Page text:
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Re: watercolor ideas


From: Jerry Vilenski (jvilensk_at_TeacherArtExchange)
Date: Sun Oct 28 2001 - 06:21:31 PST


Although I am a K-5 art teacher, I am also a practicing watercolorist, and as such, I ocassionally teach watercolor workshops to adults. I have developed a set of lessons that teach the basics of watercolor that I have found are successful for both beginners and more advanced students. They are unusual, so most have not encountered these lessons before. I have also taught these lessons to HS students.

   * I begin with giving each student a basic plastic pallett, then have them lay out the pallet with watercolors, if you use tube colors. If you use pan colors, skip this.
   * Every student gets a full sheet of watercolor paper- talk about watermarks and how they are important, as well as paper basis weights and thier attributes. Have students tear the paper in half, then into 4ths and 8ths.You should have 6-1/8 sized and one 1/4 sized sheets.
   * Using your 1/4 sized sheet for a background, each student should be given "props" for a series of studio exercises, each building a specific skill.
   * Excercise One: On a 1/8th sized sheet, have students lay out a couple of sample color excercises- flat wash, graded wash, wet-in-wet, drybrush.
   * Exercise Two: Gumdrops. 1/8 sized sheet. One gumdrop set up on the white paper gives the student experience in translucent object painting and shadows cast by it. Object is to capture the visual clues presented by the object and to show where it is located in space by the use of shadows, not the edge of the paper. A day's lesson could be starting with one drop, then adding more to build an arrangement and show relationships between objects.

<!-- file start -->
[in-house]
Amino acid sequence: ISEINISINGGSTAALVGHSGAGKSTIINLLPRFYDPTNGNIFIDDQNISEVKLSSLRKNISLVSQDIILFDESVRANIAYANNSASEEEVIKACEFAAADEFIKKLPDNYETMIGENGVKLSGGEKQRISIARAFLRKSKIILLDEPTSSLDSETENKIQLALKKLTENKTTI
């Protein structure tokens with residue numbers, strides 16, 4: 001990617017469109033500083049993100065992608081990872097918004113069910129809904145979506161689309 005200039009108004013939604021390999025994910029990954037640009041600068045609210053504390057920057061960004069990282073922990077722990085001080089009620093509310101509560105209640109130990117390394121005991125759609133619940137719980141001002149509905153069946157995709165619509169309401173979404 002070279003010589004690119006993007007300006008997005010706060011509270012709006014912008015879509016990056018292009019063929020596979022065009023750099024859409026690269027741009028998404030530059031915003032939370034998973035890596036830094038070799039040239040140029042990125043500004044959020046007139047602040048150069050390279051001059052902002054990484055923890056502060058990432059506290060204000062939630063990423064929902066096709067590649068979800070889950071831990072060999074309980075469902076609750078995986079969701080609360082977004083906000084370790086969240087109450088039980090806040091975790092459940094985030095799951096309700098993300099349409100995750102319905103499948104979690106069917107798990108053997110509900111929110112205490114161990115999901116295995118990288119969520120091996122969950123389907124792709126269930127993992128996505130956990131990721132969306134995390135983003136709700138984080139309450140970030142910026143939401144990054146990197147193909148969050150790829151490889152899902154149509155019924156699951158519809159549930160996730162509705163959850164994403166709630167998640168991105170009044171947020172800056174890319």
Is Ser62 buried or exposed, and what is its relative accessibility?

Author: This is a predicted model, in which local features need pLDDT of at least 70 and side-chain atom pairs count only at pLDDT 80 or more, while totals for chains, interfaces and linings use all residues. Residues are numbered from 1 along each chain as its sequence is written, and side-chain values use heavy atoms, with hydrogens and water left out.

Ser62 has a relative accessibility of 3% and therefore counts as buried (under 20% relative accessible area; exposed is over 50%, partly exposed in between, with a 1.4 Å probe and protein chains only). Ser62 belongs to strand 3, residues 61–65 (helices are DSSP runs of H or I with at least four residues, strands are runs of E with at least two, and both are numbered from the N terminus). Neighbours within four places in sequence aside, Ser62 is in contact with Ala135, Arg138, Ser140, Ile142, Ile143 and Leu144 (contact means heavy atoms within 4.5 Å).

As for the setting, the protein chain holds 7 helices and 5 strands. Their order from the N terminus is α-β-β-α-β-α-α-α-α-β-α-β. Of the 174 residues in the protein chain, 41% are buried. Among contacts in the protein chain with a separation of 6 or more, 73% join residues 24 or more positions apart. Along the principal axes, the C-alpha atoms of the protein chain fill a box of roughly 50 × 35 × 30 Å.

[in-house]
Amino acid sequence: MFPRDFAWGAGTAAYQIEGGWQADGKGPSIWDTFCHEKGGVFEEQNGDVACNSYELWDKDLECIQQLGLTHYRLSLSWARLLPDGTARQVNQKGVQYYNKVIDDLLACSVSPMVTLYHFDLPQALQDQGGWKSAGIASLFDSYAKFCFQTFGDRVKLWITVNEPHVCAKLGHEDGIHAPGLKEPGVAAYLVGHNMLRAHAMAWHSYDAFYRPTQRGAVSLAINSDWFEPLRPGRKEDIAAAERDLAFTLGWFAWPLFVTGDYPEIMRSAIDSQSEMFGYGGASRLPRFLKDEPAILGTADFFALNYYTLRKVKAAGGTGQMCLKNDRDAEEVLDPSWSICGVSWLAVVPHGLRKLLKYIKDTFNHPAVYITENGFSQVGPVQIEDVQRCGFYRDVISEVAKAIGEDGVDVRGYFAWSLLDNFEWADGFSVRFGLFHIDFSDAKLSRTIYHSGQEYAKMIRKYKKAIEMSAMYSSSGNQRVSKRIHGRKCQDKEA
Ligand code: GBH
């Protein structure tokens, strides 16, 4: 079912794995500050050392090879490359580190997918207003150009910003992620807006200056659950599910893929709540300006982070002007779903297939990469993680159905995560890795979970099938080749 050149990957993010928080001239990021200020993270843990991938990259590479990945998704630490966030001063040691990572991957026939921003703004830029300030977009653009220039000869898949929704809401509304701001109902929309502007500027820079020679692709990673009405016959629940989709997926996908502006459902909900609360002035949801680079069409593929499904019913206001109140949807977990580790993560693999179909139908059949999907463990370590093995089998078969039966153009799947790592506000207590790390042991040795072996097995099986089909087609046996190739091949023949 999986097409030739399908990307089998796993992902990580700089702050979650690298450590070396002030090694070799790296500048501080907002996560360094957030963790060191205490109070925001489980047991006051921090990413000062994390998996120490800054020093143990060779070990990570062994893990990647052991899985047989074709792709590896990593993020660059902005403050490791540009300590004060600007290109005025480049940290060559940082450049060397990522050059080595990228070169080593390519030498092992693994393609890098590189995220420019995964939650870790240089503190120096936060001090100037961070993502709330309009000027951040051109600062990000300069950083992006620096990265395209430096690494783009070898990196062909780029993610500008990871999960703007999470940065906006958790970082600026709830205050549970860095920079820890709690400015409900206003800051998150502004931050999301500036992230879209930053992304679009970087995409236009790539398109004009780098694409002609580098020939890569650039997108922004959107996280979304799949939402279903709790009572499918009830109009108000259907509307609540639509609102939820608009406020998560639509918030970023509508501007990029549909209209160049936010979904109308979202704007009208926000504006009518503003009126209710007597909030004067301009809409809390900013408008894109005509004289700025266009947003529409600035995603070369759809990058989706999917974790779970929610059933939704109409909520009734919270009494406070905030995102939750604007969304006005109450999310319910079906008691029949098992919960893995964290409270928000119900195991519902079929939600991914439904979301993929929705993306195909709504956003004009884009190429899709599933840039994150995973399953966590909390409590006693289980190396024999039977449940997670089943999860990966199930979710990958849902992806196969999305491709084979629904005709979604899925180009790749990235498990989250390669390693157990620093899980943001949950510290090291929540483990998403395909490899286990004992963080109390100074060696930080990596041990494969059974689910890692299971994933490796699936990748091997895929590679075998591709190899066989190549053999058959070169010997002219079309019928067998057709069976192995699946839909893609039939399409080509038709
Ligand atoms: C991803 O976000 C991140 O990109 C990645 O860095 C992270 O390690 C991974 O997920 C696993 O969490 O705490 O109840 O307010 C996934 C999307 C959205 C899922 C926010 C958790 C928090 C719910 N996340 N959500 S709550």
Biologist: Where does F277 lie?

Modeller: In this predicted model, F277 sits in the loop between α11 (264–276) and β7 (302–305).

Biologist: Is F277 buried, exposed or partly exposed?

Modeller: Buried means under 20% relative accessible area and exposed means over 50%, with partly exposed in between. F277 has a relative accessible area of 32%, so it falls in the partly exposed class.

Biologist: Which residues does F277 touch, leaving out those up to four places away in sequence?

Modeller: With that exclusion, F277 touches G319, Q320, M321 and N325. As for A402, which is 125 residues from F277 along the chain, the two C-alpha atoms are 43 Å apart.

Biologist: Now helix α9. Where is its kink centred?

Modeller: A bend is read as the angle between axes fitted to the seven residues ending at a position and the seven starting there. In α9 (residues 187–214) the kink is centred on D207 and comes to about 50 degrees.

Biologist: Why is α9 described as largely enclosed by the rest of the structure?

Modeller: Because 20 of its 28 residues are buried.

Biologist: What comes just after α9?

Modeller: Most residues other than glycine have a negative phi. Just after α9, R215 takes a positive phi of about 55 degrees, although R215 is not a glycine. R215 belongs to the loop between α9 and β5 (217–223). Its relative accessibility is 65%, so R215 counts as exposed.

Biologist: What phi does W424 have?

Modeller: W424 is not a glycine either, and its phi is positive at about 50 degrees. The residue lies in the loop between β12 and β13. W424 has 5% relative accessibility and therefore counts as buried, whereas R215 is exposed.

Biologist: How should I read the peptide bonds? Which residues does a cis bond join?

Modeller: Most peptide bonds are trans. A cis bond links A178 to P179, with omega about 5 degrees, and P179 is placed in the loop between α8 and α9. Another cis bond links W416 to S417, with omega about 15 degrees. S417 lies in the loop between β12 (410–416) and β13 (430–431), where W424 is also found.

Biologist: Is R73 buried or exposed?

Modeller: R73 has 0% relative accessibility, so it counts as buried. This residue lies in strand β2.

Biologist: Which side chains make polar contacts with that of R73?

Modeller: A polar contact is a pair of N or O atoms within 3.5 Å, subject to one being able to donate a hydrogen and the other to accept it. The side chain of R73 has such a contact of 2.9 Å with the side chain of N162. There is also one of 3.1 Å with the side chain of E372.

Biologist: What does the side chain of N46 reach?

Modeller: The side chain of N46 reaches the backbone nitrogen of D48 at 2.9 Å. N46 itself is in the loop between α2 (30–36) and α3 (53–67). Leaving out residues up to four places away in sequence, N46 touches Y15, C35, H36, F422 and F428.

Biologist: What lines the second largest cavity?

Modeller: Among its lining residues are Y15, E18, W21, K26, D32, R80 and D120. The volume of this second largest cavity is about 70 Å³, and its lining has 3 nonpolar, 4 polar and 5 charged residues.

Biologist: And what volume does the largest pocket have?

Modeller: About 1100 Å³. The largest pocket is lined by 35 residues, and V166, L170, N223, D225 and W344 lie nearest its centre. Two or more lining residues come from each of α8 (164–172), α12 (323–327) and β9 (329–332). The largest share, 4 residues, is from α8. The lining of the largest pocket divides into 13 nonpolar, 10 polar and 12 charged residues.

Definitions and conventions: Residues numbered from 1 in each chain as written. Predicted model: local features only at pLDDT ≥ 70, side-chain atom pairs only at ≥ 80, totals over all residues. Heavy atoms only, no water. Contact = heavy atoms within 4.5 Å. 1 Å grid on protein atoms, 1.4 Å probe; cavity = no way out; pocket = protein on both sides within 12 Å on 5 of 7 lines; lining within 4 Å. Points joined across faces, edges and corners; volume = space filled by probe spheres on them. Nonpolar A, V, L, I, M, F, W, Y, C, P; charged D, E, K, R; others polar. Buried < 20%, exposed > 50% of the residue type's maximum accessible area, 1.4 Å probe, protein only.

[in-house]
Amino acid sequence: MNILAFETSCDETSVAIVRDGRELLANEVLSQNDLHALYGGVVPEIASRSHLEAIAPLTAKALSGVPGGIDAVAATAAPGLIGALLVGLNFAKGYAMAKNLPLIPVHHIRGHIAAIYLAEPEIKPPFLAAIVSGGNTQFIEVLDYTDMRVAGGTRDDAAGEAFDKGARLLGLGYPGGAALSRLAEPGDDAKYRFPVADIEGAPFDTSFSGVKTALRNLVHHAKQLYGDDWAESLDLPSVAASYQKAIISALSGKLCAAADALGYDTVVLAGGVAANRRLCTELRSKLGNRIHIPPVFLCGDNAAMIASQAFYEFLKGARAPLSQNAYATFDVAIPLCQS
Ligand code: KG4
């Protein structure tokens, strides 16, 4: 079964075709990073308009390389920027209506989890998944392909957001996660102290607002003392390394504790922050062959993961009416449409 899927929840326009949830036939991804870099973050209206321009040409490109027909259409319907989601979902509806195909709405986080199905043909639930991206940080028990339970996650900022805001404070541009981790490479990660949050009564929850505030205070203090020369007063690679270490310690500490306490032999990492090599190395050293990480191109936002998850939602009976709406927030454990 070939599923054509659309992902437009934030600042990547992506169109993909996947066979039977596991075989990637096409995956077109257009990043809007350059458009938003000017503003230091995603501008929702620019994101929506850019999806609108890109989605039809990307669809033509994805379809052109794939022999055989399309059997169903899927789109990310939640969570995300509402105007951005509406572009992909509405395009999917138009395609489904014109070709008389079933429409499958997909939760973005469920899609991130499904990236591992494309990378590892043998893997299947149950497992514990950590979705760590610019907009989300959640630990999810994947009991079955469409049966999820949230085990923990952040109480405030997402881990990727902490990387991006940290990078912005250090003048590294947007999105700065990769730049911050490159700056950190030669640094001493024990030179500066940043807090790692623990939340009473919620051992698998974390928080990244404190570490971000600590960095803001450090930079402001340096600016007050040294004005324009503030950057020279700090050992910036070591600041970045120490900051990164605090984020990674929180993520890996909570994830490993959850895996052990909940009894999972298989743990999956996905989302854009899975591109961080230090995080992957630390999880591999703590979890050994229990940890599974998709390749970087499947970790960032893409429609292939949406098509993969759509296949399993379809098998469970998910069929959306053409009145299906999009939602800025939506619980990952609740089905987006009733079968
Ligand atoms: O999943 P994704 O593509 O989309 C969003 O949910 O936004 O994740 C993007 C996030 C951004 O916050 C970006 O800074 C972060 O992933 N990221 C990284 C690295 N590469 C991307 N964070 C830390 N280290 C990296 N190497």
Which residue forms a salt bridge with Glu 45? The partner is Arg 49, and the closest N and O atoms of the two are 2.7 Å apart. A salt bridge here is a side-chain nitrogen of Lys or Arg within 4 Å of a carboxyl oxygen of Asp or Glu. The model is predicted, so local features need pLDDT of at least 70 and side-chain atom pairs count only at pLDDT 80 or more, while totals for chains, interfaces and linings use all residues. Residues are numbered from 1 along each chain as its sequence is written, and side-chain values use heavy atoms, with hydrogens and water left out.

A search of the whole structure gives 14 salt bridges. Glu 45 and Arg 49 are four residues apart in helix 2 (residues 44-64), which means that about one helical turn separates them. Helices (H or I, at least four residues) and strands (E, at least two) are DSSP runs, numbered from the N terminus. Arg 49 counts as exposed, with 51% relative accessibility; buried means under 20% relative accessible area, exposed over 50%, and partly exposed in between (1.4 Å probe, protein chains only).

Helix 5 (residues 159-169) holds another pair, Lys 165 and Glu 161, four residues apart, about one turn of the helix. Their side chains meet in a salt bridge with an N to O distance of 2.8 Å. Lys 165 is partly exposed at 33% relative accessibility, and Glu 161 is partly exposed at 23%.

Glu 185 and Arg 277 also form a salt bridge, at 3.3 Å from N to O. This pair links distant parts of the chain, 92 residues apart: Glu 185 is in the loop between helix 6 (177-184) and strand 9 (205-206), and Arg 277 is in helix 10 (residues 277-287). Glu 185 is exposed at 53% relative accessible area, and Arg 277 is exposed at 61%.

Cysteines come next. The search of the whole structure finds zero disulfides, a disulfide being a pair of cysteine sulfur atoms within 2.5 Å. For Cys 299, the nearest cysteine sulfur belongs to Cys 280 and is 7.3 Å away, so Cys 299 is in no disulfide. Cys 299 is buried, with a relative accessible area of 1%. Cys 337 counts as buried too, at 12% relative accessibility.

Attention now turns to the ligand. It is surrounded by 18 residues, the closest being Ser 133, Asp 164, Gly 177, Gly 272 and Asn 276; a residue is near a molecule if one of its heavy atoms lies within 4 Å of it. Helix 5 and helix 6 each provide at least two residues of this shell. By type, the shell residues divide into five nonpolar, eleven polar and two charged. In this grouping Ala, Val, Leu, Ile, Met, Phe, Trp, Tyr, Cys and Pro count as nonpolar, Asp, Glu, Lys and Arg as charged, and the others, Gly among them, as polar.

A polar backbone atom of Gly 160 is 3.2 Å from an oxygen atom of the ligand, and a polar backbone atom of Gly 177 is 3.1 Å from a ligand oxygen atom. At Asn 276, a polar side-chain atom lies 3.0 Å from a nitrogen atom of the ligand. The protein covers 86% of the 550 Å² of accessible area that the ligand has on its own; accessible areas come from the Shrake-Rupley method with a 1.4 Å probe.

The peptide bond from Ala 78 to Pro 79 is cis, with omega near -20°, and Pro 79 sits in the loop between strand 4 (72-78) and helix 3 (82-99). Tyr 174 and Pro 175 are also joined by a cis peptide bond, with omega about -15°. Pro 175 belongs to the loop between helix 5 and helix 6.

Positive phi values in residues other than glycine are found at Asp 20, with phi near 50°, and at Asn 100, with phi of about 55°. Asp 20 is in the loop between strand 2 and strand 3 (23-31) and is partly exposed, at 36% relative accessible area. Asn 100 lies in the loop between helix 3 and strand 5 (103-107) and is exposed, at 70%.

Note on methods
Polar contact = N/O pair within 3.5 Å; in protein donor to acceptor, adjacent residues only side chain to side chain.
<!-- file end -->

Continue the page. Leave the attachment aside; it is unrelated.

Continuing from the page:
* Exercise Three: 1/8 sized sheet. Ribbons. I have students cut up a solid colored ribbon into a 5-6 inch piece, then arrange on the paper. Object here is to learn how to paint reflective or metallic surfaces and the shadows they cast. Notice how shadows and surface differ in characteristics from the soft gumdrop. Add more ribbons to make the project more complex. Talk about real-life applications of this excercise--painting a picture of a bicycle or other shiny objects.
   * Exercise Four: 1/8 sized sheet. Glass of water with object placed inside. Place on white paper. This explores reflection, refraction and the types of shadows cast by glass. Try different objects for variation.
   * Excercise Five: 1/8 sized sheet. Mirrored images. Get some mirror tiles or broken pieces of mirror for this excercise. Object of course is to explore reflected images. Always look for visual clues that tell you which part of the object is reflected, which is original object. Use a favorite object of the students for this- one of thier many body piercing might do!
   * Excercise Six: 1/4 sized sheet. Set up a central still life for all to work on together. It should consist of a cloth draped over different levels and some objects with basic geometric shapes, like pottery or containers. Make shure some of the concepts already taught are included here. This will get them painting in a real-life situation.
   * This set of painting excercises has been very popular with my students, and each has a real-life application for the watercolorist. Eventually, you should work your way into painting scenery, still-life, or figures, depending on the skill levels you encounter. Hope this helps.Jerry